Stained glass window, Regina Mundi church
Lasting image of Soweto Uprising
Our next stops are Regina Mundi Church, where many political meetings were held when they were officially banned during Apartheid (and various bullet holes attest to the danger of those very meetings), and the Hector Pieterson Museum, which was erected near the site where Hector Pieterson was shot in 1976. Unfortunately, I only get to take a few pictures outside before I spend our allotted 30 minutes in search for food for the kids, who are by now in open revolt. We venture across the street to find a local restaurant serving kotas, also called bunny chow . This is a pretty strange sandwich stuffed with French fries (yes!) and bologna and pink ketchup which succeeds in filling us up but will not be on my list of “must-have South African foods.” The kids are appeased, however, and I vow to return on my own to learn more about the Soweto Uprising.

Mandela House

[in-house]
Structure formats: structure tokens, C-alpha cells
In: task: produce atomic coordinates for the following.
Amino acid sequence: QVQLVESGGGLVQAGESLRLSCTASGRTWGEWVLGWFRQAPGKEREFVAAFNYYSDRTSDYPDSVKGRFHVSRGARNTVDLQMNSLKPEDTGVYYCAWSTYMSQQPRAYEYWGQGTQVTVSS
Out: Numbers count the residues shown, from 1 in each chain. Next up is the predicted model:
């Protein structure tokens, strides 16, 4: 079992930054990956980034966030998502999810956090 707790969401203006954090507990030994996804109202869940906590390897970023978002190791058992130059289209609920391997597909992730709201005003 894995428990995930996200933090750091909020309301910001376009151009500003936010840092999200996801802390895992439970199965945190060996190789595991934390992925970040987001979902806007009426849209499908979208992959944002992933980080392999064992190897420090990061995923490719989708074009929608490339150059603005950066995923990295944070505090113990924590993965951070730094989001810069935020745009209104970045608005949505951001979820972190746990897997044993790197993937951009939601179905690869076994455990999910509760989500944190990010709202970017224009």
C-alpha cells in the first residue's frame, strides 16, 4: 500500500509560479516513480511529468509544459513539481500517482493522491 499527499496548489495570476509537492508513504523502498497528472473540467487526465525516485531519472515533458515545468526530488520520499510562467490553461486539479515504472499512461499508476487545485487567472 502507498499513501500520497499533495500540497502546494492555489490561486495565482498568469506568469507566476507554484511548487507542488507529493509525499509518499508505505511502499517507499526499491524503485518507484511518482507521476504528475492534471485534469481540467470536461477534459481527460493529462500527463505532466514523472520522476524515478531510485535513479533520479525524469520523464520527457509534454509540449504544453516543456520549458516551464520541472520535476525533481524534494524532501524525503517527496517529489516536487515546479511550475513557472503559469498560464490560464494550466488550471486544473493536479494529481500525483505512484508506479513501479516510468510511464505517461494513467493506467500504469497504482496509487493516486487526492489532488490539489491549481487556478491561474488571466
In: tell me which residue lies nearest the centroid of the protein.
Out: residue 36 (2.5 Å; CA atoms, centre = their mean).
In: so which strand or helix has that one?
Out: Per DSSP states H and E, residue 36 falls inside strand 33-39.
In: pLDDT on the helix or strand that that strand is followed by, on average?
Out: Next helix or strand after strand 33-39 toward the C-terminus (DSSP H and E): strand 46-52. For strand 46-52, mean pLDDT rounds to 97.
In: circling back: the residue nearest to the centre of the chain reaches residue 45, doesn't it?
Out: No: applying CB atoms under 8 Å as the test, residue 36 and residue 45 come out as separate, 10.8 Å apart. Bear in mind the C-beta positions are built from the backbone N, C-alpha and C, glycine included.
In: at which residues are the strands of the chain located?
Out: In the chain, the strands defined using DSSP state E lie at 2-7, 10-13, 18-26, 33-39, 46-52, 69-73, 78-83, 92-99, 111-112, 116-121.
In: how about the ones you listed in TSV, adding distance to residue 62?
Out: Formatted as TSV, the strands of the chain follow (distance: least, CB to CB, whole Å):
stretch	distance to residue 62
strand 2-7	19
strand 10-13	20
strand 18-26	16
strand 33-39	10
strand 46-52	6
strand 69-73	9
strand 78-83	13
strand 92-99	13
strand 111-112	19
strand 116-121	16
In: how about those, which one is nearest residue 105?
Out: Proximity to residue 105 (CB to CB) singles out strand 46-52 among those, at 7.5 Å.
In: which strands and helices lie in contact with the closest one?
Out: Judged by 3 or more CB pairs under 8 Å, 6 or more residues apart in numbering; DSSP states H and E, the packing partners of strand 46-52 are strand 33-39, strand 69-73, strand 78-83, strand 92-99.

We approach our next and final stop by winding our way through the throngs of a funeral procession, down Vilakazi Street in Orlando West toward Mandela House. This is where Nelson Mandela and his family lived from 1946 into the 1990s. Mandela didn’t really spend much time there himself, if you consider that he spent 27 years of his life in prison, but his second wife, Winnie Mandela, continued to live there on and off with their kids, becoming a prominent political figure in her own right. Nelson Mandela briefly returned after his release from prison in 1990, but soon the public attention became too much and he moved elsewhere. The house, built of red bricks, survived several fire bombings and shooting attacks during the height of what local blacks call “the struggle.” It is now completely restored into a museum. Amazingly, tiny Vilakazi Street in Soweto boasts to be the home of not just one but two Nobel Peace Prize winners, Nelson Mandela and Desmond Tutu.